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Hrotswitha’s acceptance of contemporary views on same-sex desire and a belief that Islam promoted such relationships contributed to the discourse on sodomy and Islam. During the next three hundred years the theme of Muslim sexual depravity would be present in many crusade histories. The first call to Western Europe to free the Eastern Christians from Muslim rule came in the form of the “Spurious Letter” (1095) which detailed the sexual depravity of the Turks at Anatolia. The letter was purportedly written by the Byzantine Emperor Alexios I Komnenos (1048-1118) to Count Robert II of Flanders (1065-1111) imploring him to send aid against the pagan Muslims who had overrun the Holy Land. The first part of the letter is a detailed account of all the perverse crimes committed by the Turks against Christians. The Turks “circumcise Christian boys and youths…and spill the blood of circumcision right into baptismal fonts and compel them to urinate over them…”15 After describing the sexual atrocities against women, the letter recounts the same-sex crimes committed by the Muslim Turks:
But what next? We pass on to worse yet. They have degraded by sodomizing them men of every age and rank—boys, adolescents, young men, old men, servants, and, what is worse and more wicked, clerics and monks, and even—alas and shame! something which from the beginning of time has never been spoken or heard of—bishops! They have already killed one bishop with this nefarious sin.16 Though most historians doubt the authorship of the letter, there is little doubt as to its contemporariness, as the perceived sexual crimes of the Muslim Turks detailed in the letter made their way into contemporary histories of the crusades.17 15 Alexius Komnenus, “The Spurious Letter to Count Robert of Flanders Imploring His Aid against the Turks,” translated from Charles du Cange’s (1610-1688) Alexiad by John Boswell in Christianity, Social Tolerance and Homosexuality, 367-69. 16 Ibid. 17 The authorship of the letter, as well as the early crusade histories, is open to debate. Plagiarism did not hold the same stigma as it does today. The accepted theory is that many of these early crusade histories were based in large part on the anonymously written Gesta Francorum, a probable eyewitness account of the first crusade. Robert the Monk, Guilbert of Nogent, Baudry of Bourgueil, William of Tyre, Ralph of Caen and others all have overlapping references. For a good overview see “The Textual History of the Historia Iherosolimitana” chapter in Carol Sweetham’s translation of Robert the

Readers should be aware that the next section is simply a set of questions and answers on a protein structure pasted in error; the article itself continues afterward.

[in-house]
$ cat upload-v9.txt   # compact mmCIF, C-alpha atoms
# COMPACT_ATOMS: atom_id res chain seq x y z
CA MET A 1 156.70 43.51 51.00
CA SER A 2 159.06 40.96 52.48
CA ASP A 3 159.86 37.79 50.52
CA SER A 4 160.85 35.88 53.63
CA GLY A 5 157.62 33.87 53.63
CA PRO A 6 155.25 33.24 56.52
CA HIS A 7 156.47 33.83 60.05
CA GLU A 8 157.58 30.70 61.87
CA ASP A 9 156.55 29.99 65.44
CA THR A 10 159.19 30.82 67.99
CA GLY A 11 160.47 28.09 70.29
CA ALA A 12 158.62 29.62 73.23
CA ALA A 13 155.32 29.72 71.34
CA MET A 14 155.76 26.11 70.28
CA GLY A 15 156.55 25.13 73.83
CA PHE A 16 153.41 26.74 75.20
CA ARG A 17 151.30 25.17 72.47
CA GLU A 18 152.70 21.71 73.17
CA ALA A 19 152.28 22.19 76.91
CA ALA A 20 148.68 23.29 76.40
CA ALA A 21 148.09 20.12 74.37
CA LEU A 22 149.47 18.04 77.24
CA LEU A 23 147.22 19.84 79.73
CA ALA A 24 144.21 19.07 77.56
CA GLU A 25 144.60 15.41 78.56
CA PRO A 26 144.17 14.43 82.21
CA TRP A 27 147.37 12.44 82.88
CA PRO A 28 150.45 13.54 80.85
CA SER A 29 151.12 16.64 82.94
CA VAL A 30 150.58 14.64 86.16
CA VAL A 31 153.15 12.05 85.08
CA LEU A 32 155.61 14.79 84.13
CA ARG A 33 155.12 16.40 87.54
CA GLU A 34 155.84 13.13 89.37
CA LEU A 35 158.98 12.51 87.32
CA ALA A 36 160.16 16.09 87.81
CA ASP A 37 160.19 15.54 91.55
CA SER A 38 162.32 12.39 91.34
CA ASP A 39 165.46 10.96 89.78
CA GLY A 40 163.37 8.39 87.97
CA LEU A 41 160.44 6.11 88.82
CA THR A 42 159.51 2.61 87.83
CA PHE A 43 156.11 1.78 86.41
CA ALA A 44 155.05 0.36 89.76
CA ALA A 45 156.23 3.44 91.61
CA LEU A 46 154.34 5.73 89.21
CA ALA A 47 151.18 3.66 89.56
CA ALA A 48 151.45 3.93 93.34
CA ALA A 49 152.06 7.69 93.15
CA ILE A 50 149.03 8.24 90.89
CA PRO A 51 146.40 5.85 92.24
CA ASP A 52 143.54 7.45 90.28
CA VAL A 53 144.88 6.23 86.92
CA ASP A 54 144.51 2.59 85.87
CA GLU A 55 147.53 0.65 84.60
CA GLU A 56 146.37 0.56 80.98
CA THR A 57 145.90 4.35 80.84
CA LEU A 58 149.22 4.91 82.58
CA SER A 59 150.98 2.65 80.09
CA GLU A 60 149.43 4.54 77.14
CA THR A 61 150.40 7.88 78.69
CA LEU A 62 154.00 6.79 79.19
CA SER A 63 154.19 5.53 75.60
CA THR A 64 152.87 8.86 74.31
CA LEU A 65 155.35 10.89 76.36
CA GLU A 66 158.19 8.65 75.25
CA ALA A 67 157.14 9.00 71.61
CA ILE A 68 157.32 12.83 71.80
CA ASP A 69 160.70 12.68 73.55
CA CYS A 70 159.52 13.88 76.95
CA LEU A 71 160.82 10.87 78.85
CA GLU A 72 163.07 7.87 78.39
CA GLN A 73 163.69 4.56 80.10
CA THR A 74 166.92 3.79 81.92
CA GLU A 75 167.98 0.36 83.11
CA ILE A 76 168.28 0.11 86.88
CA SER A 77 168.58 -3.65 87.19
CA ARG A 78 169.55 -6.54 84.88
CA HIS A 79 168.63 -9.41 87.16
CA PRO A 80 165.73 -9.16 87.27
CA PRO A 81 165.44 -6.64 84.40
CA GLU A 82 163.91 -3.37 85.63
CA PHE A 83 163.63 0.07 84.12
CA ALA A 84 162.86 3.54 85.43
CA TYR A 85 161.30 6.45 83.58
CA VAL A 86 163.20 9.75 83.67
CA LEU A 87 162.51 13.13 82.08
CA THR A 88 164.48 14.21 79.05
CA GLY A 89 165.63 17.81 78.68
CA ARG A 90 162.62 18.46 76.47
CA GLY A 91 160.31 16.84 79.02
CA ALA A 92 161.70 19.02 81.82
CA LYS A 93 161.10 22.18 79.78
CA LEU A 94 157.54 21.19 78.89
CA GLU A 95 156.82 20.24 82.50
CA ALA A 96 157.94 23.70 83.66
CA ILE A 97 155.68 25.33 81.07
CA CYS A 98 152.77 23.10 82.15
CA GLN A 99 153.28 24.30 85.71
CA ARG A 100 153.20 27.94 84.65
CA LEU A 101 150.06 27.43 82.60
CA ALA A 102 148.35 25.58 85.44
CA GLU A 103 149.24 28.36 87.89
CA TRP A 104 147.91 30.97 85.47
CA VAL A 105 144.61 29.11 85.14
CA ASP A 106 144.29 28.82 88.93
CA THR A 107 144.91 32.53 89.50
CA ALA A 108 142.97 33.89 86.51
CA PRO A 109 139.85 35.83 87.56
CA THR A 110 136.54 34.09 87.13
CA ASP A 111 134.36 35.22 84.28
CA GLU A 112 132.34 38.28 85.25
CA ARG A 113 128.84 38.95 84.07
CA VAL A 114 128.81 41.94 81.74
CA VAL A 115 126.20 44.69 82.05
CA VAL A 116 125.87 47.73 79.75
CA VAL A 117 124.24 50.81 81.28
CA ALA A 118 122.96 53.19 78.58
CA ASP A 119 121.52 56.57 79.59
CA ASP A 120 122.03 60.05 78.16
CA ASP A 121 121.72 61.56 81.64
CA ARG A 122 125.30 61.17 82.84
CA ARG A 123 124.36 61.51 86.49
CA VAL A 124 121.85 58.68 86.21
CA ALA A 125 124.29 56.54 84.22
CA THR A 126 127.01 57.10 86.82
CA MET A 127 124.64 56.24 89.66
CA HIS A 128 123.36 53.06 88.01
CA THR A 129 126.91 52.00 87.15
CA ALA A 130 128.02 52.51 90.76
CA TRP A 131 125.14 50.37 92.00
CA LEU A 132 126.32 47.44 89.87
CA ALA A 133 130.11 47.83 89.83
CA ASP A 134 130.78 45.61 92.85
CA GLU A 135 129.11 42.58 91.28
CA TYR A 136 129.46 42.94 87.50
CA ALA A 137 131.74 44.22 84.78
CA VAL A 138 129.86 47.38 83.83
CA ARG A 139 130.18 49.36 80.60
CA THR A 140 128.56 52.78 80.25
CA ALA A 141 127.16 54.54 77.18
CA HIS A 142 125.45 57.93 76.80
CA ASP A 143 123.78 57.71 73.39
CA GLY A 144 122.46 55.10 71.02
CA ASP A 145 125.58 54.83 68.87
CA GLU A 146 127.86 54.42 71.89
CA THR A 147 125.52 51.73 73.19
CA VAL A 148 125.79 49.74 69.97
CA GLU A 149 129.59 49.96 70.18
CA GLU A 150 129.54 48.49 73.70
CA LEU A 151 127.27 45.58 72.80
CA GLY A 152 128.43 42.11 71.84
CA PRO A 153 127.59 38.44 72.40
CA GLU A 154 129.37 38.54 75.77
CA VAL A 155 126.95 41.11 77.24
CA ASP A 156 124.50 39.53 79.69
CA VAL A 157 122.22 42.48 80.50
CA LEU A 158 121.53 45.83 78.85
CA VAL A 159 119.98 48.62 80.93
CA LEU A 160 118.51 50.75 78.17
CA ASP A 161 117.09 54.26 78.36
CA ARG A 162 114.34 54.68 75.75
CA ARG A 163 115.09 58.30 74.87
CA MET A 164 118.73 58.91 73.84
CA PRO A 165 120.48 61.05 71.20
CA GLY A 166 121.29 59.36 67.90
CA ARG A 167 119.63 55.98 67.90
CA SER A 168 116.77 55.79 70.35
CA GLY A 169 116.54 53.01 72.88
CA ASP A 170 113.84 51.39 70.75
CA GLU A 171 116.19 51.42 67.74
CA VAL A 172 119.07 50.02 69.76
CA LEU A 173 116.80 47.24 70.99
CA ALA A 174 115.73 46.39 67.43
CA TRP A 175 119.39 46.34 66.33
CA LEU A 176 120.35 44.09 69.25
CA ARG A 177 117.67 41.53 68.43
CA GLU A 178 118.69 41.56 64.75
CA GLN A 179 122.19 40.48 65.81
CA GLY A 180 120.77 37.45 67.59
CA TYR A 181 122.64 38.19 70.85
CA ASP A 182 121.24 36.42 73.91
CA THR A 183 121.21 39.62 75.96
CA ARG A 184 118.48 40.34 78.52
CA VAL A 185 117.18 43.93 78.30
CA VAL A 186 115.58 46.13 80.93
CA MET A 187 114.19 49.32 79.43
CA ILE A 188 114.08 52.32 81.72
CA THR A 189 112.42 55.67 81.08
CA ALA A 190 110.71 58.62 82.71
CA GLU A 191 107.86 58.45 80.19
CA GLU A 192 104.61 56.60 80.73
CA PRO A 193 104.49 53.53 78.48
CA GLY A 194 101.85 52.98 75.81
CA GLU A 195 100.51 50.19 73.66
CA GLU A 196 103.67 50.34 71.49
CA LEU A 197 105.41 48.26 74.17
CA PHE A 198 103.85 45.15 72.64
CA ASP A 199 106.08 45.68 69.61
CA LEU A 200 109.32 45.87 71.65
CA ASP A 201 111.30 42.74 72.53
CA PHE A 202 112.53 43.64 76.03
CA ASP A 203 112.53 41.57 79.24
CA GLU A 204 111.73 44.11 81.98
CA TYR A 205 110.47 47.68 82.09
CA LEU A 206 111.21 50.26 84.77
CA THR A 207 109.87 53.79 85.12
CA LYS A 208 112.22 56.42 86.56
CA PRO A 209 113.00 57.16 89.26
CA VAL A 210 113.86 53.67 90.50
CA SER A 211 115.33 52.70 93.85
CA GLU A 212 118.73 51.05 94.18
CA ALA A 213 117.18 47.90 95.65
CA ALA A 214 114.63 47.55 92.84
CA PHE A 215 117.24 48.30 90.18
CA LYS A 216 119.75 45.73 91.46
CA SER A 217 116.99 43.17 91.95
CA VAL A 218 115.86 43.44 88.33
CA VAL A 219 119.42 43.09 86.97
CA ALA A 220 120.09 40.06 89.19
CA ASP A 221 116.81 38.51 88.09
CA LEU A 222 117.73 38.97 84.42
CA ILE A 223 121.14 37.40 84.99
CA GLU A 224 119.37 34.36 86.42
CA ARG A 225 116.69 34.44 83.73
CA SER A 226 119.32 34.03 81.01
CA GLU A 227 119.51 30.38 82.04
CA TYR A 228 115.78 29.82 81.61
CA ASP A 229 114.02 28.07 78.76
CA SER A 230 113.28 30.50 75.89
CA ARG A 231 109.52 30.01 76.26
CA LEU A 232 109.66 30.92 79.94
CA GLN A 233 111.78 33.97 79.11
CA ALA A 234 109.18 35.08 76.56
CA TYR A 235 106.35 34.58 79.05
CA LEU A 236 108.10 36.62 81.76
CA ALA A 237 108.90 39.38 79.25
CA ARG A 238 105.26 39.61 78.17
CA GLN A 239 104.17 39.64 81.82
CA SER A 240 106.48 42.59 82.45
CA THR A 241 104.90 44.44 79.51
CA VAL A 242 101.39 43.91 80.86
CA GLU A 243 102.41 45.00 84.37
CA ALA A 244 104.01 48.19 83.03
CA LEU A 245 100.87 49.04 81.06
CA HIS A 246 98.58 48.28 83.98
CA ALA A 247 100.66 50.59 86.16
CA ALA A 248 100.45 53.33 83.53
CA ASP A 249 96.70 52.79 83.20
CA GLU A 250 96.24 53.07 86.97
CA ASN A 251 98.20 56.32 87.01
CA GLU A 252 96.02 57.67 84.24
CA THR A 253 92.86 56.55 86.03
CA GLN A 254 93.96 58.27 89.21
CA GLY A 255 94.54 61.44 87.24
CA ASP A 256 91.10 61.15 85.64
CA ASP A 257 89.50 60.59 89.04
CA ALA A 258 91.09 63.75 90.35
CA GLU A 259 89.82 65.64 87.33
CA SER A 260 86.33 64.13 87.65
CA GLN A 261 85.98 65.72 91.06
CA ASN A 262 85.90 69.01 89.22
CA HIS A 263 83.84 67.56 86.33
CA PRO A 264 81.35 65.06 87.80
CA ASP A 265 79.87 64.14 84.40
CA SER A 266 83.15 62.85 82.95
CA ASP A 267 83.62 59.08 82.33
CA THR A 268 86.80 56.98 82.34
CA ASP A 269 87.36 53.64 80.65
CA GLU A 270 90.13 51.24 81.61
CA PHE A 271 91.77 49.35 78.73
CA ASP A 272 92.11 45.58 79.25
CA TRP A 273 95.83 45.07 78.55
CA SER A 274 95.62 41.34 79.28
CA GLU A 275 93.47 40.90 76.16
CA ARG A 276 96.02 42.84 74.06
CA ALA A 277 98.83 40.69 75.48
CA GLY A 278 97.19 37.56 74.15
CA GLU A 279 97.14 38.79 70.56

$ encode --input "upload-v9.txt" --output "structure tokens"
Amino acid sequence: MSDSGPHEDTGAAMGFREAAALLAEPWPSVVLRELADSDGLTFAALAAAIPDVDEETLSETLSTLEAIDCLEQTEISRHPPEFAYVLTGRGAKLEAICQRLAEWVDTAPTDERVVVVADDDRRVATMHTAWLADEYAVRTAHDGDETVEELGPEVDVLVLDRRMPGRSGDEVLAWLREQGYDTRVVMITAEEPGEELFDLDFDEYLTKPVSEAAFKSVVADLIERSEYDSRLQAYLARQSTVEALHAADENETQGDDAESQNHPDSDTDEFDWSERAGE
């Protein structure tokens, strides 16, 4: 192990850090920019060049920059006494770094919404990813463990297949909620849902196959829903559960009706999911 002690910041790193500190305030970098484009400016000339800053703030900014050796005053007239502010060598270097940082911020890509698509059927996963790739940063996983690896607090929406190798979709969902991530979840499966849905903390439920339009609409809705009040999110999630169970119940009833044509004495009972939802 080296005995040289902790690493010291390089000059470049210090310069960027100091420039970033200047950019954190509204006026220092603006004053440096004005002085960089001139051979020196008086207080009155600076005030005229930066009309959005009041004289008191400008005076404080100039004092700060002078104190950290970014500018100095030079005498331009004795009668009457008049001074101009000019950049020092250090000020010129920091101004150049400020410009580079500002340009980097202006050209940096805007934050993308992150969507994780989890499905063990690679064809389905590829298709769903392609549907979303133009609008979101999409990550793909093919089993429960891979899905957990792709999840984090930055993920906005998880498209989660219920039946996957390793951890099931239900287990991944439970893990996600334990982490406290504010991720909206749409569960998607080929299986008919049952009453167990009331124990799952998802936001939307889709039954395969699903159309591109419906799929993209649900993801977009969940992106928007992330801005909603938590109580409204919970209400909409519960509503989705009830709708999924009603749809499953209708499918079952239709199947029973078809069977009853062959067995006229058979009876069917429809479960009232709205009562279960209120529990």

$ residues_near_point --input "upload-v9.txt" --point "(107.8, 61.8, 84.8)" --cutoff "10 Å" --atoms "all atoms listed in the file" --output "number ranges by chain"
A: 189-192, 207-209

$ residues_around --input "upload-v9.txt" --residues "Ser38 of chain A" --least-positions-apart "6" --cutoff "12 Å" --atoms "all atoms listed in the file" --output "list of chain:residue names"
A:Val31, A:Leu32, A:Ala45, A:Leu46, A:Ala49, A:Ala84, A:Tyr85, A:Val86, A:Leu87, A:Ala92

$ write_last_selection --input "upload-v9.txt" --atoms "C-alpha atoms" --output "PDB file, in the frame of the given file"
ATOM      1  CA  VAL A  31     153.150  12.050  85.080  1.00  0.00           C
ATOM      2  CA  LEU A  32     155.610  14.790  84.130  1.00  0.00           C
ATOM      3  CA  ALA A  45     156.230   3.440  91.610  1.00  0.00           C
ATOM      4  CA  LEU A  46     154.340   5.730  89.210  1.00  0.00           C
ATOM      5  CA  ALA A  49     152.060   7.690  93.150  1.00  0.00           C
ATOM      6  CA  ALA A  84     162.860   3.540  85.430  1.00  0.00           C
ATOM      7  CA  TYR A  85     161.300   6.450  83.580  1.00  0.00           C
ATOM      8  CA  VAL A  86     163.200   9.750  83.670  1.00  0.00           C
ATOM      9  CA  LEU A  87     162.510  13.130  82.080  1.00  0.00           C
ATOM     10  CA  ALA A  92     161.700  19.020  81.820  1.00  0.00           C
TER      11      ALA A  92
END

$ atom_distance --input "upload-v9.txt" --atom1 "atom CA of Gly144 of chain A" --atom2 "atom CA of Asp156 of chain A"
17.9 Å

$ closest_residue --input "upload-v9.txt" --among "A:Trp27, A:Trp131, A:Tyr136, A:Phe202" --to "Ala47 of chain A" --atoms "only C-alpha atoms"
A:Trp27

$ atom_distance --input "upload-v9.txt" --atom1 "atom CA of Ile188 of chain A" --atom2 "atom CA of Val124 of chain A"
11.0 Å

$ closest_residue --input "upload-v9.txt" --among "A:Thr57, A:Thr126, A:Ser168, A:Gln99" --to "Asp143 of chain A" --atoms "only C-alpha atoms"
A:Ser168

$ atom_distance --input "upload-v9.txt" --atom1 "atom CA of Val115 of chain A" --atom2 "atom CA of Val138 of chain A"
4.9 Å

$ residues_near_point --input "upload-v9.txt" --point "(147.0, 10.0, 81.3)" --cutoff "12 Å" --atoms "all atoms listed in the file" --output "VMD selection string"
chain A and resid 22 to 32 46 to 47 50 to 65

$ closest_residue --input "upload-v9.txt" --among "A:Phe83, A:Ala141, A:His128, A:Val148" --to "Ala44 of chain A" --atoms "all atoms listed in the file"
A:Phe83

Many early crusade histories included a version of the “Spurious Letter” and its detailed accounts of Muslim sexual atrocities. Robert the Monk (d. 1122?) included a version of the letter in his Historia Iherosolimitana (1106-07), yet it differs in some respects from other versions. For instance Robert does not go into graphic detail of the defilement of women at the hands of Turks, yet almost verbatim he chronicles the sodomitic crimes against men. Furthermore, in contrast to other versions, Robert states that the bishop, rather than being killed by the “nefarious sin” actually “succumbed to the lure of this appalling sin.”18 It is as if the bishop became an active and willing participant in same sex relations. Therefore the danger the Muslim Turks posed was not merely in sexually defiling Christians in the Holy Land, but that the Muslims could turn otherwise pious men into sodomites. The “Spurious Letter” and perceived Muslim sodomitic behavior found its way into other crusade chronicles as well. In his The Deeds of God Performed through the Franks, a history of the first crusade purportedly written in 1109, Guilbert of Nogent (10531125) writes that the Turks “became worse than animals, breaking all human laws by turning on men.”19 Guilbert also retells the story of the bishop killed by the “nefarious sin” when he writes, “Their lust overflowed to the point that the execrable and profoundly intolerable crime of sodomy, which they committed against men of middle or low station, they also committed against a certain bishop, killing him.”20 Yet for Guilbert these are not isolated instances of rogue elements within Islam, but are indicative of Muslim practices. Guilbert wrote that, “although, according to their own judgment, these wretches may have many women, that is not enough, but they must stain their dignity at the hog-trough of such filth by using men also.” Guilbert concludes by linking Islam with story of Sodom, proclaiming “[it] is not surprising that God could not tolerate their ripe wantonness, and turned it into grief, and the earth, in its ancient way, cast out the excrement of such destructive inhabitants.”21 Early Monk’s History of the First Crusade (Aldershot and Burlington: Ashgate, 2005), 1-11. 18 Robert the Monk, Historia Iherosolimitana, translated by Carol Sweetenham, Ibid., 220. 19 Guilbert of Nogent, The Deeds of God Performed Through the Franks, translated by Robert Levine, retrieved June 9, 2006, from University of Pennsylvania online books. http://onlinebooks.library.upenn.edu. http://onlinebooks.library.upenn.edu/webbin/gutbook/lookup?num=4370 20 Ibid. 21 Ibid.